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Energy transitions: Lessons from Europe and the US

Graham Weale, Honorary Professor of Energy Economics at Ruhr University, Germany, analyses the lessons for Ireland in energy transition taking place across Europe and the USA.

Decarbonisation: making the leap

According to Weale, states across Europe must place more focus on the twin axes of decarbonisation and energy efficiency. “You can improve energy productivity and adopt the same process of measuring that increase in percentage every year, then you combine them.

“Over recent years, even if you take the nationally determined contributions which would run until 2030, which different states have proposed, energy supply decarbonisation will remain at less than 1 per cent per year and energy productivity improvement will remain at less than 3 per cent per year,” says Weale, who suggests a dramatic changing in pace across all industries.

“We need to cross the 1 per cent threshold in terms of energy supply decarbonisation and the 3 per cent threshold in terms of energy productivity improvement”. Despite such suggestions, Weale is acutely aware of the enormity of the task faced by the modern state: “Only after this do we make the huge leap from the area we are milling around now to where we need to be to meet global climate aims. It is a tremendous challenge.”

Achievements

For the purposes of comparing the international progress of decarbonisation, Weale uses some of the most prominent voices advocating a greener future as examples, with some cases displaying surprising results. Scandinavian leaders in the form of Denmark and Sweden are a prime focus of Weale’s analysis, and particularly how these states compare to other European economies such as the UK and Ireland, and further stateside in California.

Weale draws attention to the case of Denmark, who have made strong progress in the process of decarbonisation. “To meet the Paris goals, we need to set the decarbonisation of our energy supply at at least 1 per cent per year. The two Scandinavian countries are undoubtedly leaders in this, followed by France. The two states who claim to be the most ambitious, however (Germany and California), are lagging far behind.”

Scandinavian success

Divestment from fossil fuels and a noted swing towards investment in renewables has been hailed by Weale as a consistent feature of Scandinavian success. He praises Denmark and Sweden’s pushing out of oil and coal across numerous sectors in favour of biomass, PV and wind sources. Exchanging fossil fuels for renewables in tandem with strong environmental legislation can partly explain the 
eco-success of these countries, according to Weale.

“The two Scandinavian countries are undoubtedly leaders in this, followed by France. The two states who claim to be the most ambitious, however, are lagging far behind.”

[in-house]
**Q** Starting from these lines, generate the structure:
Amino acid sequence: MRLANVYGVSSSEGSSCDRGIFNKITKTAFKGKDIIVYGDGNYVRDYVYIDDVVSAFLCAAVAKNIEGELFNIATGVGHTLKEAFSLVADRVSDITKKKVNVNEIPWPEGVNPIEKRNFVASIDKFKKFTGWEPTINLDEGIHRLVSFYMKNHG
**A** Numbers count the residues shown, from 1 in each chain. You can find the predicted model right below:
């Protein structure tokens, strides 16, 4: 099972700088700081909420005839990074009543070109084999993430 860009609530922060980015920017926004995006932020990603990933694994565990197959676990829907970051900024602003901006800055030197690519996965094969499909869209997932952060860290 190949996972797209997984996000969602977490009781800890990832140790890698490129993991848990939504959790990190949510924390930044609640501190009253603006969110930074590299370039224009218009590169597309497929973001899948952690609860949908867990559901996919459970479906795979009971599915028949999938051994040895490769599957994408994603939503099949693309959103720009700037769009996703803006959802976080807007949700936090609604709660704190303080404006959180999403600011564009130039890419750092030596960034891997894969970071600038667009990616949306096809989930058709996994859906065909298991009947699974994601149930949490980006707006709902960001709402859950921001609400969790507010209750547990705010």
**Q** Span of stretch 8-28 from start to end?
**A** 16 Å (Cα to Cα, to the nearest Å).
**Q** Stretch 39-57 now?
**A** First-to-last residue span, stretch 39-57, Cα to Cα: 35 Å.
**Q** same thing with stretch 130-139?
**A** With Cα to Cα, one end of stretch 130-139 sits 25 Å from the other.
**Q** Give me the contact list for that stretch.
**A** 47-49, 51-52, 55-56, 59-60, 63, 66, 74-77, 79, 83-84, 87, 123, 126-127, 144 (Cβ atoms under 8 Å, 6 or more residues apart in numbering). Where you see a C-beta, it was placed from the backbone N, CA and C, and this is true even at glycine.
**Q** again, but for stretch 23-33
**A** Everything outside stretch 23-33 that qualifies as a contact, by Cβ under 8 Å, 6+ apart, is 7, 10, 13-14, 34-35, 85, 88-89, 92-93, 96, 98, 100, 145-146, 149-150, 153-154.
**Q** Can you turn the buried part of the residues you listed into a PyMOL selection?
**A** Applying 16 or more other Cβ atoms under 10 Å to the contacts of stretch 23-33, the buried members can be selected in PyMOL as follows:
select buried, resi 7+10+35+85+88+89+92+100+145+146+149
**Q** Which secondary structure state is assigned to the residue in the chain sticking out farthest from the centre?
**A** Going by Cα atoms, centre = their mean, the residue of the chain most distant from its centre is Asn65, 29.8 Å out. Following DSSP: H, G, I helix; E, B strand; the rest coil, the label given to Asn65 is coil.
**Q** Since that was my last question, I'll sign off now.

“Industry wise, Sweden is the clear leader. It has largely driven oil out, partly in thanks to their taxation of carbon. Sweden has offered a carbon price of over e100 euros per tonne, which has had a significant effect,” says Weale. Similarly, the employment of combined heating power plants in Sweden’s residential sector has been praised as a step in the right direction.

Who’s paying?

If you look at energy transitions across different countries and ask the question “who’s paying for them”, the lion’s share, apart the United States, is paid for by household electricity consumers. “This is certainly an issue that needs addressing,” says Weale. Spain and Germany have seen the highest increase in prices, which Weale suggests can be explained by a love of automobiles and a general unwillingness to compromise.

Dispelling the myths

Whilst the states of Germany and California have been to the forefront of framing themselves as energy efficient, Weale dismisses this idea as lacking substance. “Germany say they will phase out nuclear power by 2022, and they are certainly on track to meeting the target. However, they have completely failed in their target of reducing overall energy demand. They wanted to increase the housing renovation rate to 2 per cent, the reality is less than 1 per cent. They wanted one million electric cars on the

road by 2020, so far they only have 54,000,” says Weale. “The national CO2 target never had any real value, the renewables costs ran out of control and, overall, there was a total lack of transparency in terms of money expenditure.”

Lessons from Sweden and Denmark

What I say to Ireland is, “go and visit those two countries, and look at the work they are doing. Look at their energy policies,” instructs Weale. “Sweden has followed the strongest energy policies and has been very successful. Initially it had a system of green certificates for renewables, so instead of installing, in parallel, different forms of renewable energy, it allowed economics to make the decision, which meant that for the first few years the initial emphasis was on biomass, followed by wind.

“Denmark has had a very focused energy taxation policy and has had a high price. The concept in Sweden is that different sources of energy should be taxed according to where they are applied – so you’ve got one set of rules for transport fuels, and another for heating fuels,” explains Weale. “This creates a more logical sense of competition between the fuels, and avoids the disadvantage to electricity, which I see in Germany and other countries.

“I invite you to visit Copenhagen, where you will be far more likely to be knocked over by a bicycle than a bus,” advises the professor. “District heating, electrification and combined heating power are the key to winning the battle.”

An economically optimum energy transition:

  • Energy taxation is vital so that electricity and heat become competitive.
  • Invest in electricity market design for higher efficiency.
  • Track where money is being spent and measure the benefits.